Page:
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Lecture

ant 200 lec 4

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Department
Anthropology
Course
ANT200Y1
Professor
Christopher Watts
Semester
Fall

Description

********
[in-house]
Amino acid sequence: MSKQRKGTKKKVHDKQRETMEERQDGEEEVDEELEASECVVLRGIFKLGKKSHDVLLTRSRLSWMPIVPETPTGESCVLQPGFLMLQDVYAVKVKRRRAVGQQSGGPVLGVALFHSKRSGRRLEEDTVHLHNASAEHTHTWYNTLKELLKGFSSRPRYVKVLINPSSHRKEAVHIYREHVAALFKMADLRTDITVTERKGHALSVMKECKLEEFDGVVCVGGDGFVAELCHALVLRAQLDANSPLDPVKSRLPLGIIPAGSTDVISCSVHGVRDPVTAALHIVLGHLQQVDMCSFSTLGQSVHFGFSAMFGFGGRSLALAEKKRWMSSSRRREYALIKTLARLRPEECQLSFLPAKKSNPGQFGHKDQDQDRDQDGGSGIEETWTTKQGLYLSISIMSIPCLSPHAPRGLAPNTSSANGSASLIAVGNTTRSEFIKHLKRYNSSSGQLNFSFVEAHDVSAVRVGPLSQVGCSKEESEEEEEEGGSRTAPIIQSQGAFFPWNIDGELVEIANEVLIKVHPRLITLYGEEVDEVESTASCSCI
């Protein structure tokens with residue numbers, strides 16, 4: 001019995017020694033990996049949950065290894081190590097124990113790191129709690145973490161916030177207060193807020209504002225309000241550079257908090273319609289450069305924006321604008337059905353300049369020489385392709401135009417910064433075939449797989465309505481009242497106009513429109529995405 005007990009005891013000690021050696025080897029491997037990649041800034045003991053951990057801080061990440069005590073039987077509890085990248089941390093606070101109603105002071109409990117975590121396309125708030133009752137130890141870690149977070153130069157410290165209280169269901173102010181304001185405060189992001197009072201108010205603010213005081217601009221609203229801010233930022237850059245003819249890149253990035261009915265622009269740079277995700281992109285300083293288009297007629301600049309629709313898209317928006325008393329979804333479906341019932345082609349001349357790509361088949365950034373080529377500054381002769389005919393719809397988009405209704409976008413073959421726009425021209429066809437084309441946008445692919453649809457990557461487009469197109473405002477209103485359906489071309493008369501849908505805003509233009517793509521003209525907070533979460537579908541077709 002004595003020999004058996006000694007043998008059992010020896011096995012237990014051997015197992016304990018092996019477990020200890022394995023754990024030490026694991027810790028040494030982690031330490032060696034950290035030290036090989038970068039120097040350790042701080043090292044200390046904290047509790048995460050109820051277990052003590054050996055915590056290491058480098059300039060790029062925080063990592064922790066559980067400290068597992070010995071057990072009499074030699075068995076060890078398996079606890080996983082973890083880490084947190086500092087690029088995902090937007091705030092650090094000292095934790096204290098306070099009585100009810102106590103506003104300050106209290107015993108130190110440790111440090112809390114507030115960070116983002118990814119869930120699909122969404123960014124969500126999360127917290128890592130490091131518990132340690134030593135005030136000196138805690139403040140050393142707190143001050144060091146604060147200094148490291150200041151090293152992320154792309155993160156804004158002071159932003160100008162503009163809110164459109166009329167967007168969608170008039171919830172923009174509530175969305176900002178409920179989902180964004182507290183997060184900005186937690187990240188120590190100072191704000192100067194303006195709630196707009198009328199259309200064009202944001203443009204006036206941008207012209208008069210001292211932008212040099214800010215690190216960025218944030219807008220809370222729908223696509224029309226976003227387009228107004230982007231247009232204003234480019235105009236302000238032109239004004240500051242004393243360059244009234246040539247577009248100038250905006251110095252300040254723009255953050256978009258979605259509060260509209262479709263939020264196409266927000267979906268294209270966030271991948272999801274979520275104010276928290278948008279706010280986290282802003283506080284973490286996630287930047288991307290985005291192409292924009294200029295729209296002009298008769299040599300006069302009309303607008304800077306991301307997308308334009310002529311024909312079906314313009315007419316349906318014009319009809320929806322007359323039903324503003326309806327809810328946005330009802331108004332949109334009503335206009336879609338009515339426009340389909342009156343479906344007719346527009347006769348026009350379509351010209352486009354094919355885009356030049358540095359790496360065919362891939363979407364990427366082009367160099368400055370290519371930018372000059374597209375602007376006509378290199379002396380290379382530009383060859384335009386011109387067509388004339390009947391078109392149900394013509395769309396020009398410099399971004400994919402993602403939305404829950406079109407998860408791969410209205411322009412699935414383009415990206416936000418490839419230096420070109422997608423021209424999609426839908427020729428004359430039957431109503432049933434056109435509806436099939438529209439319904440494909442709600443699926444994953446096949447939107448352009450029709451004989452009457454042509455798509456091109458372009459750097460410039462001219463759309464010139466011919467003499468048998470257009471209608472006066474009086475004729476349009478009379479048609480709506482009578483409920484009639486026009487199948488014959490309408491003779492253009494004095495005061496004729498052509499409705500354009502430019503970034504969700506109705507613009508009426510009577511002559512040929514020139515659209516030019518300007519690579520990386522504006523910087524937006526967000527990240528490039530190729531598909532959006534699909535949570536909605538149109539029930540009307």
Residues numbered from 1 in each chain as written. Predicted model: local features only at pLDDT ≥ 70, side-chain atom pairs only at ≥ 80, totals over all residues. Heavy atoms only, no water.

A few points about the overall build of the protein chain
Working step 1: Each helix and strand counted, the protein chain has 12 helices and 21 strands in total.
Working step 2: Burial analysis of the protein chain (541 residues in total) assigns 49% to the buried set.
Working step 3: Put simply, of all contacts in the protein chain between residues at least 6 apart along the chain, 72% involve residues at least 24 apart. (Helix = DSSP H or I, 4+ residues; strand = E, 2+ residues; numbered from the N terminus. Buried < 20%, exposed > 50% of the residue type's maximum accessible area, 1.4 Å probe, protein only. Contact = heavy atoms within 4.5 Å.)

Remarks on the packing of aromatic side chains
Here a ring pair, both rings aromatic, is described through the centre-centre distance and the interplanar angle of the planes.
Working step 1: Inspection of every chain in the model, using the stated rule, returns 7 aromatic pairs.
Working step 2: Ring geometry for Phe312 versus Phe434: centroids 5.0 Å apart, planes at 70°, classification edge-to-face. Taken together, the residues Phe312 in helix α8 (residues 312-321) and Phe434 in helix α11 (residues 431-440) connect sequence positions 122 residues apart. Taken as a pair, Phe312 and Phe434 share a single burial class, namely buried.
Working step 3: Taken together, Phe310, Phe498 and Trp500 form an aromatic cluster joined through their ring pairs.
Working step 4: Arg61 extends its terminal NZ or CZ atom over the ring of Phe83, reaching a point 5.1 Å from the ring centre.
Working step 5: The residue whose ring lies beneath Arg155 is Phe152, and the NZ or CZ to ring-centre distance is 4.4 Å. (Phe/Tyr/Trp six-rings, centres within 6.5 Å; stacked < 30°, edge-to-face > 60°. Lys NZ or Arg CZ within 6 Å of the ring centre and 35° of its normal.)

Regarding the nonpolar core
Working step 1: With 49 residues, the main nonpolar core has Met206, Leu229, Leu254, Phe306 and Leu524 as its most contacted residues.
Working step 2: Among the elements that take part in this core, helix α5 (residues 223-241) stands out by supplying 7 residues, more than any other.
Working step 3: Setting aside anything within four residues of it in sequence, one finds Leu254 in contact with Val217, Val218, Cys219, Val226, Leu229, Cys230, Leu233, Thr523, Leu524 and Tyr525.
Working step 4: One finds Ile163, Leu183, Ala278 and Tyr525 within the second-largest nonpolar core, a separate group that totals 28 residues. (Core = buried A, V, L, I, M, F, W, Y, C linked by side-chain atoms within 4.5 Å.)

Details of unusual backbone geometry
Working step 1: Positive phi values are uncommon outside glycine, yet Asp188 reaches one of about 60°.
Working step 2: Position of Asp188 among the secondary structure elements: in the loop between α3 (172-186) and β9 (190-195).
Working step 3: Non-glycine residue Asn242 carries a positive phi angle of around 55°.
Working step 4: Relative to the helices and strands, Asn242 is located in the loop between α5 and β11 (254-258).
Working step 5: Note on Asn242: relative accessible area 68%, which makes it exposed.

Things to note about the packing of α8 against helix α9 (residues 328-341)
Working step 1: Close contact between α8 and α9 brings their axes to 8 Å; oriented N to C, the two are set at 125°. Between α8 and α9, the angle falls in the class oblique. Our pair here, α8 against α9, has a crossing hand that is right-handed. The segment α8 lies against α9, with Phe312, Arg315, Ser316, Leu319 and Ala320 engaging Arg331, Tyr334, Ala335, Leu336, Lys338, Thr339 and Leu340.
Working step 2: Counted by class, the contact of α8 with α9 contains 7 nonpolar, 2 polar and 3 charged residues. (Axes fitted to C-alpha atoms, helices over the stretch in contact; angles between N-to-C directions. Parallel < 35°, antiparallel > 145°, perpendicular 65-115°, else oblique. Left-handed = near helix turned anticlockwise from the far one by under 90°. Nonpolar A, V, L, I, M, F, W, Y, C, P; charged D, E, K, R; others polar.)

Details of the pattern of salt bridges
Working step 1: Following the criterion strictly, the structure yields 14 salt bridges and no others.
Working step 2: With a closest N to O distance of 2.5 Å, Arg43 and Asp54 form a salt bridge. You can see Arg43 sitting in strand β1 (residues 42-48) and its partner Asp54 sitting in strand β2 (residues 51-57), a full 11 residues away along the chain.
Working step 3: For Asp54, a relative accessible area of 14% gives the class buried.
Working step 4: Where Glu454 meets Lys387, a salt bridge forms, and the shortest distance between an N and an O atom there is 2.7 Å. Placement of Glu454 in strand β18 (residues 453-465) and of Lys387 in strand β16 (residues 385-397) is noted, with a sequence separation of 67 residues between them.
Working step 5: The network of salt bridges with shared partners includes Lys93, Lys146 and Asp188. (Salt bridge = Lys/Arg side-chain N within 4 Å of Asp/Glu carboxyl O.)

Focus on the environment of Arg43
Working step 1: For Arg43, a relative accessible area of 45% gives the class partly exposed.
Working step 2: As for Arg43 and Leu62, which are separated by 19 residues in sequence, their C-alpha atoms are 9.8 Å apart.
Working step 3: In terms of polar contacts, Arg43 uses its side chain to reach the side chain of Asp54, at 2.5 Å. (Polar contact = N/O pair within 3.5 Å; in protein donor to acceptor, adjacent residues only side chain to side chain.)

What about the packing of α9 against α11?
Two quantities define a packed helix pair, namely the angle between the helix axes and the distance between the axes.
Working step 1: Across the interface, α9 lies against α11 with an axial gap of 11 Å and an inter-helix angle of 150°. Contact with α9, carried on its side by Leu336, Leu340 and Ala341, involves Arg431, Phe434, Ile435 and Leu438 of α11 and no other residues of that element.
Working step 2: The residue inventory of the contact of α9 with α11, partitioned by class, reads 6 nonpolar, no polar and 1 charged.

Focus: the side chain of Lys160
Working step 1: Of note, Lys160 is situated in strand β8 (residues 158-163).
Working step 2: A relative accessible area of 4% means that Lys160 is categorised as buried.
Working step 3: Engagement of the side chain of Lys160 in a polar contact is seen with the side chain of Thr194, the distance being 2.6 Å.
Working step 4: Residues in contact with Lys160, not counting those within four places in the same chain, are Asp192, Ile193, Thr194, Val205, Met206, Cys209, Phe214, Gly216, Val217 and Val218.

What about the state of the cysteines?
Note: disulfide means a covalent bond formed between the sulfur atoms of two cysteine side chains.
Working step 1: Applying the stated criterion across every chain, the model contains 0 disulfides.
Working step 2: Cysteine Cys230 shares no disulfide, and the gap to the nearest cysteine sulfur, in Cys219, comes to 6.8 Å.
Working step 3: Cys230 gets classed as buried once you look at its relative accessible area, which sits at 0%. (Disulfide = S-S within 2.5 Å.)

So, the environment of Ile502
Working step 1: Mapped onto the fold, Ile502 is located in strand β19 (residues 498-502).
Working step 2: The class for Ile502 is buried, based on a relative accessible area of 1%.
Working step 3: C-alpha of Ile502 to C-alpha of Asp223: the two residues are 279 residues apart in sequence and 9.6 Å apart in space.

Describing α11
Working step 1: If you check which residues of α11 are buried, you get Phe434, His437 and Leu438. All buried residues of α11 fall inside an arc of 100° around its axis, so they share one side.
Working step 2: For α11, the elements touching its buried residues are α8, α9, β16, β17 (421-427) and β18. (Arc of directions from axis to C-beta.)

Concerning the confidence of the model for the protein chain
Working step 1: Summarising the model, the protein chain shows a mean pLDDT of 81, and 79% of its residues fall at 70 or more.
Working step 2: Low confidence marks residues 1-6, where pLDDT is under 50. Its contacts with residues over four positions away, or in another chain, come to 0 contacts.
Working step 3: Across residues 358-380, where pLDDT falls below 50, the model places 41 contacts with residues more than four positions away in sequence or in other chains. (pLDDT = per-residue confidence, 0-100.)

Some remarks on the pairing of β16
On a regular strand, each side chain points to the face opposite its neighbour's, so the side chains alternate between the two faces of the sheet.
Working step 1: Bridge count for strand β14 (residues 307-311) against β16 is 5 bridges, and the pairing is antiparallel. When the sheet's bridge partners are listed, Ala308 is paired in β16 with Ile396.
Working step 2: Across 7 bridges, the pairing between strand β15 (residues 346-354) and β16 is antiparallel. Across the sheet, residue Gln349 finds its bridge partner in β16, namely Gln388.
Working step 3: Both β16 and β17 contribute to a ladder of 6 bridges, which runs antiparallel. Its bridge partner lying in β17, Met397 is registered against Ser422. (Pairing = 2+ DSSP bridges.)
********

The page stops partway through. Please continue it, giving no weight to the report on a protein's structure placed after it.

ANT200 October 3, 2011 Lecture 4- Interpreting Material Culture Last week talking about theoretical paradigms in arch. Tonight pick up on some of those themes and apply them specifically to material culture to artifacts, house forms, all the stuff find and call artifactual in the archaeological record Talk about interpretation of material culture within the paradigms we discussed Hes going to talk about all aspects of material culture not just style (like Boast) Tutorials next week theme is doing words with things. Pick up on themes from boast article and from tonights lecture Introduction Paradigms/ themes - Culture history- description trying to boil the paradigm down to one word. Primarily concerned with description of arch entities through space and time - Processualism- explanation explaining how the record appeared the way it did for you. Behavioral processes behind what you find - Post-processualism-interpretation desires of them to engage with other disciplines and theorists and indigenous peoples etc Apply to the stuff of the arch record Culture history Recall: concerned with the what, when and where of past groups Wanted to say something about the peoplewhat kind of cultures are we talking about and where are they found on the groundwhat is their spatial range..and also temporal range (when did they emerge and go away) Major emphasis on description and classification of artifacts Not just enough to say that this group could be found in SW of Germany (eg)wanted to say this is what their pottery looked like and stone tools and their sites (number of houses and configuration) V. Gordon Childes definition of an archaeological culture: - Certain types of remains-pots, implements, burial rites, house forms- constantly recurring together. - His definition of an archaeological culture is therefore all of the stuff of the arch record which we can attribute to human behavior, human agency - All of the stuff should conform to a normative conception of good designshouldnt be too much variation - And should occur through space and time from one site to another depending on how long this culture is extant for Artifacts- material manifestations of collective cultural norms Thats the definition to culture historians Culture history is sometimes known as normative archaeology Reason for that is because culture historians think the culture is an idealized set of traits that exist in the head When they talk about cultures and the artifacts that exist with them, saying that culture is something that exists in the mind. Predetermined what is acceptable style and practices When looking at artifacts in arch record, were glimpsing the materialization of these norms that exist in the head These norms govern behavior: making pottery, tools, how houses should be built Picture of historian describing iron age in UK. These diagrams common in culture historical circles. Can illustrate graphically the arch culture through remains. Woodbury culture 750 BC- time of roman invasion of UK He arrayed everything according to temporal periods: early pre roman iron age, late pre roman iron age For the earliest part of woodbury culture, can identify and talk about it based on some of the items in the diagram Illustrated form and decoration of various pottery types Norms are shared and transmitted through enculturation Shared that ensures making proper pottery etc Transmitted through various practices from one generation to the next Not much room within that kind of thinking for change that could be introduced through the actions of individuals. If saw new pottery style that emerged that was likely the result of diffusion and migration but not likely result of internal assertion of a new identity (like younger generation changing things) In this literature if something changed, was likely the result of a new group moving in or that idea spreading from one area to the next This paradigm tried to establish cultural traditions Trying to determine how can look through patterns of continuity through time to figure out how long the culture was extant Result: continuous cultural tradition Important: - Artifacts reflect pre-existing ideas and identities - Not necessarily things that are born of external processes or interaction between structure and agency - When culture historians talk about artifacts, talk about them as containers - Artifacts as containers - One of the conclusions of Boast is that is impossible to adequately answer the question or problem of style - Because question of style is really to try and engage in an exercise thats really hard. Because style as a concept is something thats peculiar to a particular way of thinking about the world (particularly a modern western way of looking at the world)- Many contemporary and past cultures that likely wouldnt have sense the world in that waywould not have had a concept of style - For people that do (like the western world), see the world as a slate, something that can be etched with a stylistic precept. Unique way of looking at the world - Culture historians see artifactual past as blank slate or canvas on which past peoples paint the canvas with their normative ideas - Important to the cultural historical paradigm - containers in a more abstract sense contain ideas. Dont themselves do anything but act as recipients for normative ideas Mechanisms of change: - Internal development and innovation slow, gradual process; limited in scope - these are comparatively rare - some culture historians acknowledge that change can come within - External influences, eg diffusion, migration and conquest sudden; more widespread - this is more popular among Cultural Historians - when see a change say it diffused from another group or a group moved from one region to another or the group was conquered and thats why see these new styles - these mechanisms used to explain abrupt changes in the record